IDEAS home Printed from
   My bibliography  Save this article

An Obsolescing Bargain in Chad: Shifts in Leverage between the Government and the World Bank


  • Gould John A

    (Colorado College)

  • Winters Matthew S

    (Columbia University)


This paper applies the insights of obsolescing bargaining theory to a situation in which a host country interacted with both multinational corporations and an international organization, the World Bank. Drawing on resource curse literature and the Rubinstein bargaining model, we demonstrate the continued usefulness of obsolescing bargaining theory by explaining why the World Bank had to renegotiate its initial bargain with Chad in the Chad-Cameroon Oil Pipeline Project. The paper explores how specific bargaining parameters changed over time in this case and suggests how resource curse dynamics and their impact on domestic politics might be particularly relevant for bargaining between host countries and international actors. The case study serves as a warning to international financial institutions and corporations alike with regard to the ways in which obsolescing bargains can arise in the contemporary global political-economy.

Suggested Citation

  • Gould John A & Winters Matthew S, 2007. "An Obsolescing Bargain in Chad: Shifts in Leverage between the Government and the World Bank," Business and Politics, De Gruyter, vol. 9(2), pages 1-36, September.
  • Handle: RePEc:bpj:buspol:v:9:y:2007:i:2:n:4

    Download full text from publisher

    File URL:
    Download Restriction: For access to full text, subscription to the journal or payment for the individual article is required.

    As the access to this document is restricted, you may want to search for a different version of it.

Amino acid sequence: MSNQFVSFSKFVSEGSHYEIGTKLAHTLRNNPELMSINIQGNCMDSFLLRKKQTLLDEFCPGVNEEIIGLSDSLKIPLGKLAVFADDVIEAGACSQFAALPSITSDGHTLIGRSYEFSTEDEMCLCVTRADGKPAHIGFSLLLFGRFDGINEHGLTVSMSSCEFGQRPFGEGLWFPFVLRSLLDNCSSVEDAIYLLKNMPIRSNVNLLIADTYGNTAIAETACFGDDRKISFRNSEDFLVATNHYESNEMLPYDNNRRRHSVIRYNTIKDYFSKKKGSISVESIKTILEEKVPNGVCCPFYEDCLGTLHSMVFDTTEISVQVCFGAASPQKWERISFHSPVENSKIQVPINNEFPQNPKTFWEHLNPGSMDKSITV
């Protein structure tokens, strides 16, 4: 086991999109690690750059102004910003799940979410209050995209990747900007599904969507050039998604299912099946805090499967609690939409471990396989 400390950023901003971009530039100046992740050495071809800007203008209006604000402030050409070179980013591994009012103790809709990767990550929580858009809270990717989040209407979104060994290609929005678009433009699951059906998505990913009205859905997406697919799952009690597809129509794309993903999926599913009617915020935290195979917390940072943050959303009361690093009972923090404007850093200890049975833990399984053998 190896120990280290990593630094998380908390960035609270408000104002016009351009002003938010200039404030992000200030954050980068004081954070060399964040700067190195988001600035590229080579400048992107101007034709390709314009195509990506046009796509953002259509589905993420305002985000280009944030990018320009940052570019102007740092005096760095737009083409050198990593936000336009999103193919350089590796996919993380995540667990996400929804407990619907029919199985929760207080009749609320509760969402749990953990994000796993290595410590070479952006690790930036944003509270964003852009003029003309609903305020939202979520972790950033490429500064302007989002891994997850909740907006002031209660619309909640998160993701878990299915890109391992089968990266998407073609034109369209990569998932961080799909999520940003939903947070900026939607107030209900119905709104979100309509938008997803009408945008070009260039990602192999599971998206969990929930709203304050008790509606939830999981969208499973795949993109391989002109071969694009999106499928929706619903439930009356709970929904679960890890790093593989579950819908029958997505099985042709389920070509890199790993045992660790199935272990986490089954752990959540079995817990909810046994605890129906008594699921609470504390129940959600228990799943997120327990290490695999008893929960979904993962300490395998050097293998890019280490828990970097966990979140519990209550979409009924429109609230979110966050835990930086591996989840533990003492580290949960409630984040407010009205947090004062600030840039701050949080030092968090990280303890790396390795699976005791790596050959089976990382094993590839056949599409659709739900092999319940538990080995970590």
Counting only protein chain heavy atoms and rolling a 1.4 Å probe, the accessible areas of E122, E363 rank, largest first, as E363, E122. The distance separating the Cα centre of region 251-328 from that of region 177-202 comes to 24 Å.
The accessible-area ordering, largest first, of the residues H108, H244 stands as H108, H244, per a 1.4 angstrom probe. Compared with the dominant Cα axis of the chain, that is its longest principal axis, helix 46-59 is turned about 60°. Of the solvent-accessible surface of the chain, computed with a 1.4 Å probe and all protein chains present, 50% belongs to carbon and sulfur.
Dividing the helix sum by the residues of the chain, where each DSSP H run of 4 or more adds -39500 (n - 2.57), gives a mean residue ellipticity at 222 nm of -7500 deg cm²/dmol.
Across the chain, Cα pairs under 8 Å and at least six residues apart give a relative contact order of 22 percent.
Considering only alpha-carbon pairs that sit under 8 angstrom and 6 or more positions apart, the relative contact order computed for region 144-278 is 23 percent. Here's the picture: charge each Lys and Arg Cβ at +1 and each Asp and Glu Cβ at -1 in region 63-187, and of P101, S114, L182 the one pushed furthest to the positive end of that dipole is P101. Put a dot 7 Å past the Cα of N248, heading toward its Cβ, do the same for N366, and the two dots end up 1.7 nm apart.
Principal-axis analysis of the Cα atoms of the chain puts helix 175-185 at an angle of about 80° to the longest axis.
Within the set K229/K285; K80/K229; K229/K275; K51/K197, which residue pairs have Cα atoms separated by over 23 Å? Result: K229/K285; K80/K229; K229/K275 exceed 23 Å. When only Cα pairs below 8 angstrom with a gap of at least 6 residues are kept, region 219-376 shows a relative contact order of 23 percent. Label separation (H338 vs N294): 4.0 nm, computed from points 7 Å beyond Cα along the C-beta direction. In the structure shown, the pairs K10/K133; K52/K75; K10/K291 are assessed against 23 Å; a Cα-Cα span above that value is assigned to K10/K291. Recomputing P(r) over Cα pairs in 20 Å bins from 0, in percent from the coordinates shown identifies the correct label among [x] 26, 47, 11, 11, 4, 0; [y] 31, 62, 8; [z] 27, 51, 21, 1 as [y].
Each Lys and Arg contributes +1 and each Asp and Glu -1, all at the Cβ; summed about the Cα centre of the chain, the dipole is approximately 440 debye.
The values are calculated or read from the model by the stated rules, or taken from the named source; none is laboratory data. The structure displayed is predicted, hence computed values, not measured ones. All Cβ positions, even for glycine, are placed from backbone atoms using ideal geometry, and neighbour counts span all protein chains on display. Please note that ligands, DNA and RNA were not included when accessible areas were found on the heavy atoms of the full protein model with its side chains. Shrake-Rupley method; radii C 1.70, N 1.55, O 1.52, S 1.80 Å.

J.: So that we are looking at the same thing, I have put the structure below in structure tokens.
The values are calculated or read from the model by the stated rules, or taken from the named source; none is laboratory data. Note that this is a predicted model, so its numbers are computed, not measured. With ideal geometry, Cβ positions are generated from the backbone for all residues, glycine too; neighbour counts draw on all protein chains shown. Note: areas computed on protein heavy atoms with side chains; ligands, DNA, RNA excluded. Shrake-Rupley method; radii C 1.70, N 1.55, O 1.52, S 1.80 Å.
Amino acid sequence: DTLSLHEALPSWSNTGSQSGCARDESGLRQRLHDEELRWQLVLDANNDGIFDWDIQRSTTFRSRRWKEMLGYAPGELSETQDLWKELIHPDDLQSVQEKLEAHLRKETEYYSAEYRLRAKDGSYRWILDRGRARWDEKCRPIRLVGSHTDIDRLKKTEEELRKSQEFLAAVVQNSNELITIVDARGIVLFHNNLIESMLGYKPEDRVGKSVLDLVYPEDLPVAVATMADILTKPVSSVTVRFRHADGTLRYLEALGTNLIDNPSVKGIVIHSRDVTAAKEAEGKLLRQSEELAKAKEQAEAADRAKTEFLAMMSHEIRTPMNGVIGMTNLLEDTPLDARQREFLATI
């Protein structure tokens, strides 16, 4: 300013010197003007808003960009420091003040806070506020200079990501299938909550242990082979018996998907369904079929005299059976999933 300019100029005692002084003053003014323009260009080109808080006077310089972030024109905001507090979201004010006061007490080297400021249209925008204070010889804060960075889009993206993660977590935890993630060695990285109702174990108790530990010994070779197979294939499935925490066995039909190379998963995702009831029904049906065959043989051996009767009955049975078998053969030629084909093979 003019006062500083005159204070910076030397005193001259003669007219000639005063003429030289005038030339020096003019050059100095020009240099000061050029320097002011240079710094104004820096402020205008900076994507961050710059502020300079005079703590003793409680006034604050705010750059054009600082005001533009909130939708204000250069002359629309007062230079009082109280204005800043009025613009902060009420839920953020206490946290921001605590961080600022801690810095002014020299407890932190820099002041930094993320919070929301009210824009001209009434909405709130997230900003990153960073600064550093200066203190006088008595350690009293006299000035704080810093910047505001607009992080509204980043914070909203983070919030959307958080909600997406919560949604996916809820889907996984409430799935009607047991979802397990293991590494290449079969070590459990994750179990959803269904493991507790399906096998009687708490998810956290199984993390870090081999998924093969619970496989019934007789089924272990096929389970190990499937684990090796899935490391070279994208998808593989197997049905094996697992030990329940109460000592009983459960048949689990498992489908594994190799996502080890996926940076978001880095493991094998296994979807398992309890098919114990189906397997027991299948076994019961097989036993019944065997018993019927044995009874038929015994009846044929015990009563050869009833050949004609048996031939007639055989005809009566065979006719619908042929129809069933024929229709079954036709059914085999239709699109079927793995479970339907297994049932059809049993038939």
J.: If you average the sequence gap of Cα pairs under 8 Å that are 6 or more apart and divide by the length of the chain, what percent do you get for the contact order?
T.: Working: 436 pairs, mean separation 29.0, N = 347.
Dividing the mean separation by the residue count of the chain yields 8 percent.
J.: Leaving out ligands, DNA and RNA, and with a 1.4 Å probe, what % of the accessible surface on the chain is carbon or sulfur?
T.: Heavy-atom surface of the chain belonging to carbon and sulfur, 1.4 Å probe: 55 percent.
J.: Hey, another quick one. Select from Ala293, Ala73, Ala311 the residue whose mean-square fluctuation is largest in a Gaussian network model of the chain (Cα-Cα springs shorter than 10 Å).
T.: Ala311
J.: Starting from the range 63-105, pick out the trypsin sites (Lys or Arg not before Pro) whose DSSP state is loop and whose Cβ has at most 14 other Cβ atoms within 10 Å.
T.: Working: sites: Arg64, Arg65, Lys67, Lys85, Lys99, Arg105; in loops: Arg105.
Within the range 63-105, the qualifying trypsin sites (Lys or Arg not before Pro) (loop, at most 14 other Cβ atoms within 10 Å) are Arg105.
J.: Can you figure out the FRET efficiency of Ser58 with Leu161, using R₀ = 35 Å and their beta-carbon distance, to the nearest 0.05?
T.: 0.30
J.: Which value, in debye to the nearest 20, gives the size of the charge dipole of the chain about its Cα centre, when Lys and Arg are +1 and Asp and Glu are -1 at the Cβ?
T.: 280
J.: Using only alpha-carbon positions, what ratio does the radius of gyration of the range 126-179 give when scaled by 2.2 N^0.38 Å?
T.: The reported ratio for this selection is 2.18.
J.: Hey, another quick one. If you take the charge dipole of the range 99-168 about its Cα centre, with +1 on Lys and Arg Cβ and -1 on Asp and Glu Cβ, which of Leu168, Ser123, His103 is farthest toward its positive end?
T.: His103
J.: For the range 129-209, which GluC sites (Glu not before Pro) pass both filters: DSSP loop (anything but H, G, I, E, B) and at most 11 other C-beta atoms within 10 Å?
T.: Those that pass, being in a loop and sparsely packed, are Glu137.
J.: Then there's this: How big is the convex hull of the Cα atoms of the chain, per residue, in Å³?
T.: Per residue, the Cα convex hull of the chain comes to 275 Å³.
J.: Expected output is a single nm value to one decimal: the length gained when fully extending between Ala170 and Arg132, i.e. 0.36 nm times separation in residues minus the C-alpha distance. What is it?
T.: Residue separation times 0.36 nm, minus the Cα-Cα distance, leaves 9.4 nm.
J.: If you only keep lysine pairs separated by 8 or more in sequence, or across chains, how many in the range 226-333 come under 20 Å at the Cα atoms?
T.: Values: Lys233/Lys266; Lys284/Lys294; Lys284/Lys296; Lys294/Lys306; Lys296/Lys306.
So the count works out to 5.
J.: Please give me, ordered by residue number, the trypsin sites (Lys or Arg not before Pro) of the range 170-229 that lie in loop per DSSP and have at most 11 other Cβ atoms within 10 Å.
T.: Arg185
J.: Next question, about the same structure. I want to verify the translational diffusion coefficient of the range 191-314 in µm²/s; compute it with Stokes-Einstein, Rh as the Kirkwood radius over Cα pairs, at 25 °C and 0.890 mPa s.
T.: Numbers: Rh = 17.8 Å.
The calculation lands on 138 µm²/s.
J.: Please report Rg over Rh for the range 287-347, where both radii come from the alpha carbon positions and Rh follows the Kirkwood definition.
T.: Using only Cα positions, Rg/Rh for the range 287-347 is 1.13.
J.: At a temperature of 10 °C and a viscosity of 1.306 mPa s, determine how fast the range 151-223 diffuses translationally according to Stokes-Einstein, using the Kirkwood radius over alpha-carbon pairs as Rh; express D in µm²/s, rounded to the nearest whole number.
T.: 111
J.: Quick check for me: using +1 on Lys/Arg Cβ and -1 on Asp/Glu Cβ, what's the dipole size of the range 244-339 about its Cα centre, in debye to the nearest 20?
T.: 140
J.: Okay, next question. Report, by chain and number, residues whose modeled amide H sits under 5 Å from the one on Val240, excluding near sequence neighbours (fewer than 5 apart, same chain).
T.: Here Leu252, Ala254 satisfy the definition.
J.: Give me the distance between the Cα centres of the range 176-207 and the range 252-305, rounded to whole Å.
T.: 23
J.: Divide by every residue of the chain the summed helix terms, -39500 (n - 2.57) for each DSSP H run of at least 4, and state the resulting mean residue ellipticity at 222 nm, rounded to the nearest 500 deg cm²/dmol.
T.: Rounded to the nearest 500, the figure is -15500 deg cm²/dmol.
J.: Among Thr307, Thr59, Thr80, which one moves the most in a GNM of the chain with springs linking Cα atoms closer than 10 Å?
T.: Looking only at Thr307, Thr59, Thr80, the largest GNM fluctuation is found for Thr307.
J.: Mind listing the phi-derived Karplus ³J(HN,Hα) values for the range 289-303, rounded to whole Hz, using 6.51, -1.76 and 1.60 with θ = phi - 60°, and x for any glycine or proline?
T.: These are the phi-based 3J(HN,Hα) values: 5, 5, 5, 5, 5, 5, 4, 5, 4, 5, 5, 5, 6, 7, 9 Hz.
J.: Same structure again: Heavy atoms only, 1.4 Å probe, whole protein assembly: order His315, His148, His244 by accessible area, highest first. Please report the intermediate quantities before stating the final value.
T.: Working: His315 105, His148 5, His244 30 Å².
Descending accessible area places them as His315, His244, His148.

Citations are extracted by the CitEc Project, subscribe to its RSS feed for this item.

    Cited by:

    1. repec:eee:worbus:v:53:y:2018:i:1:p:15-26 is not listed on IDEAS
    2. Vivoda Vlado, 2011. "Bargaining Model for the International Oil Industry," Business and Politics, De Gruyter, vol. 13(4), pages 1-36, December.

    More about this item


    Access and download statistics


    All material on this site has been provided by the respective publishers and authors. You can help correct errors and omissions. When requesting a correction, please mention this item's handle: RePEc:bpj:buspol:v:9:y:2007:i:2:n:4. See general information about how to correct material in RePEc.

    For technical questions regarding this item, or to correct its authors, title, abstract, bibliographic or download information, contact: (Peter Golla). General contact details of provider: .

    If you have authored this item and are not yet registered with RePEc, we encourage you to do it here. This allows to link your profile to this item. It also allows you to accept potential citations to this item that we are uncertain about.

    We have no references for this item. You can help adding them by using this form .

    If you know of missing items citing this one, you can help us creating those links by adding the relevant references in the same way as above, for each refering item. If you are a registered author of this item, you may also want to check the "citations" tab in your RePEc Author Service profile, as there may be some citations waiting for confirmation.

    Please note that corrections may take a couple of weeks to filter through the various RePEc services.

    IDEAS is a RePEc service hosted by the Research Division of the Federal Reserve Bank of St. Louis . RePEc uses bibliographic data supplied by the respective publishers.